Our minds see and hear what our past experience has trained us to expect. Naturally, there are blanks in each individual experience, which is tied to our place of birth, family, schooling and the myriad of people who have influenced us in large or small ways. The mailman and the family dentist have caused us to think a certain way about all mailmen and dentists. My mailman and my dentist (each very competent at his job) don't represent all mailmen and dentists in the world; they're individuals. Generalizations about a group may contain accuracies, but they don't allow for individuality. If we look into the proverbial mirror, we may notice blanks in our experience, or blind spots, which can hinder us from seeing another person's point of view.
William M. Thackeray: Quotes: Reflection
"The world is a looking glass and gives back to every man the reflection of his own face."
The movement toward economy in packaging is healthy, no doubt. The mantra reduce-reuse-recycle makes sense. The companies involved with the design and manufacture of packaging are hyper-aware of the rumbling by consumers. The fact remains, though, packaging itself is extremely valuable. The urge to label all packaging as bad is simply short-sighted.
Friday, February 12, 2010
I just had a lovely phone conversation with West Coast Twitter connection Maia Berens. You might know her as @LifeCoachMaia. We connected accidentally, as people often do in the world of social media, and felt a certain kinship over the course of several months, so decided a chat on the phone was in order. We talked about our lives: husbands, kids, various jobs, and life philosophies. Part of the conversation had to do with the philosophy of being in the moment, how the challenges of life force us (or allow us) each to be a work in progress. We agreed that it's crucial to relish the details as we go about the process of life.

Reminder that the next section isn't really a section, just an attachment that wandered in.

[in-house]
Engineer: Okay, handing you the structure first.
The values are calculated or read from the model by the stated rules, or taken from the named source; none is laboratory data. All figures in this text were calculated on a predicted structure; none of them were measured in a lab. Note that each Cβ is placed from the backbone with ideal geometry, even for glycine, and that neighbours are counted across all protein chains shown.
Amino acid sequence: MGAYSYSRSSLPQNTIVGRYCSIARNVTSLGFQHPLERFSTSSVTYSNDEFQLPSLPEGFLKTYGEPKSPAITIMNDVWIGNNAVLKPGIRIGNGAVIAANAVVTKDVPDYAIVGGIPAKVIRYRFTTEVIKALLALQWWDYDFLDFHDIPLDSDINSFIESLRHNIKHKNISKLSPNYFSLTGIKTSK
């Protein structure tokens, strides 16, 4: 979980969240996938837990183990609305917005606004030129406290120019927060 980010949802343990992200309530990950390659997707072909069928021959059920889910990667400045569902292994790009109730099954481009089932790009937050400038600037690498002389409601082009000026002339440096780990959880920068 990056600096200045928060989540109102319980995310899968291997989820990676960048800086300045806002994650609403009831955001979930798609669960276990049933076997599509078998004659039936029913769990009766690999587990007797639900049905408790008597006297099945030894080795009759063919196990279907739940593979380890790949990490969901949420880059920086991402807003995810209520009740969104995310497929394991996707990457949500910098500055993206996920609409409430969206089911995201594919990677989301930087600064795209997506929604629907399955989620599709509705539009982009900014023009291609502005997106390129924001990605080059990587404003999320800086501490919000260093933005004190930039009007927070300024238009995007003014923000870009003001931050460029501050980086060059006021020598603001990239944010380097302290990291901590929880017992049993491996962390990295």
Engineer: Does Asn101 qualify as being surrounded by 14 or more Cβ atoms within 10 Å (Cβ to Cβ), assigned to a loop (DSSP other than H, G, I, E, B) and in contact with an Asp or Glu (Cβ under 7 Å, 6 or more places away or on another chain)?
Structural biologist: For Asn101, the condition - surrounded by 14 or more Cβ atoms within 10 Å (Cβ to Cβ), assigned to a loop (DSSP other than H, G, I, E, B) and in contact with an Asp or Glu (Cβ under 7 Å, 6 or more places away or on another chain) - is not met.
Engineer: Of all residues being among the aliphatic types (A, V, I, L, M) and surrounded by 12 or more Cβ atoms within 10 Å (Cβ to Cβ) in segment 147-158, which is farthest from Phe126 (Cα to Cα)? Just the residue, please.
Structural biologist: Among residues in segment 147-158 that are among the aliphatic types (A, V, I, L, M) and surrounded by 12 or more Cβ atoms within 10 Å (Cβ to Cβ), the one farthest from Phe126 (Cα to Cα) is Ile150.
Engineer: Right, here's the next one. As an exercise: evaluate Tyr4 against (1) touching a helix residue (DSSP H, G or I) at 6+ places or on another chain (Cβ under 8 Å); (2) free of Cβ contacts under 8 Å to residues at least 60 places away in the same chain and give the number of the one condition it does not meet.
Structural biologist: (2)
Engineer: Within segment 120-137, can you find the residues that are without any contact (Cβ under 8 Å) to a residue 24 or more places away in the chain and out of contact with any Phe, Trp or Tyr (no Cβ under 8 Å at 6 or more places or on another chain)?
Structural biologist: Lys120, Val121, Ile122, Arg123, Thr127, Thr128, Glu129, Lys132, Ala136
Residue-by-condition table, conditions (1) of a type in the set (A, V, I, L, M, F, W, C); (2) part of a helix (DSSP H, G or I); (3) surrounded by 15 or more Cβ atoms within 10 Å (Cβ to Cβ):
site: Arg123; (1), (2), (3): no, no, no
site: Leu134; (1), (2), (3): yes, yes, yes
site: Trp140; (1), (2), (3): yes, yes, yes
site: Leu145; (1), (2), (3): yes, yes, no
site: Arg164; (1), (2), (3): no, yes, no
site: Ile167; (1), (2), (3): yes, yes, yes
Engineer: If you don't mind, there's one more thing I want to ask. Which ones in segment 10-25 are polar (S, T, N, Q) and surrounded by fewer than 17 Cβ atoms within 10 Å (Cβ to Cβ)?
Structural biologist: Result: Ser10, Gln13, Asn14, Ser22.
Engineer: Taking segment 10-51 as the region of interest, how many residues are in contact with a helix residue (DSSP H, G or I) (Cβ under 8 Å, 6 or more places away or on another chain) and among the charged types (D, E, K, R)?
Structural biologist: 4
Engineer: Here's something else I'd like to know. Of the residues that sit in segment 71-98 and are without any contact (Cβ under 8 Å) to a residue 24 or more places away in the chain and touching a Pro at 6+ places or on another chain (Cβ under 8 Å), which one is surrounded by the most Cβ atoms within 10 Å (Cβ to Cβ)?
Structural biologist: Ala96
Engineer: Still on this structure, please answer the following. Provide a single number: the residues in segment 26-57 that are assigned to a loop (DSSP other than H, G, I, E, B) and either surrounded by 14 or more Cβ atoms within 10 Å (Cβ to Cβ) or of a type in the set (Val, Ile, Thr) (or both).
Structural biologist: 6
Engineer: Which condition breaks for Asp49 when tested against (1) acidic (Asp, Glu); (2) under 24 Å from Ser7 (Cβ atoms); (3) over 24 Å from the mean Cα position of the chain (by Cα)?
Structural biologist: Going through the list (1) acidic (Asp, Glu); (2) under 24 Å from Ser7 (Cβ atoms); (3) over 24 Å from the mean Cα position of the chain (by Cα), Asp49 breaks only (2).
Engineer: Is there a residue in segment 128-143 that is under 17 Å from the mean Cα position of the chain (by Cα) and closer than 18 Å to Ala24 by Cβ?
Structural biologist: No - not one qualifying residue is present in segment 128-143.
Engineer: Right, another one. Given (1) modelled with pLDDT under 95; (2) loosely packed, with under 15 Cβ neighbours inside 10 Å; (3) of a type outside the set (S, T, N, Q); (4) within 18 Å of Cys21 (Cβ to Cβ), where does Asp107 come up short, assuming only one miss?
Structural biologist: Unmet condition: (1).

Monday, February 8, 2010
In grade school we learned that chipmunks, bears, and other warm-blooded animals hibernate in winter, which allows them to survive the colder temperatures. I've been thinking a lot about this: perhaps New Englanders should strongly consider hibernation. A good time to begin may be as soon as the Thanksgiving dishes are washed and put away. We'd snuggle into our caves with full bellies, our body temperatures would drop and we'd survive on our stored body fat until Spring, to awaken just in time for the Boston Marathon. The long-suffering residents of Hopkinton would need to emerge early to get ready for the onslaught of racers, but at least they'd be well-rested. The remainder of us would be content to lie drowsily on the sofa watching the race on TV while replenishing our body fat stores with whatever snack foods we'd squirreled away. Halloween candy?
Perhaps you'd rather a modified hibernation; staying inside, but not sleeping the winter away. Technology lets us perform most of the tasks of living in society without ever leaving our homes. Work, chatting with family and friends, purchasing shoes from Zappos, choosing furniture or groceries for delivery, sending flowers to Mom or paying bills - all can be accomplished online while ensconced in a comfortable chair. We'd save on dry cleaning by dressing in our cozy, machine washable, sweatpants. Wii Fit games and yoga on DVD would help us stay in shape. Unlimited music, movies, Sporcle, and Seinfeld repeats would keep us entertained and if we wanted to learn, online courses for credit or otherwise are plentiful.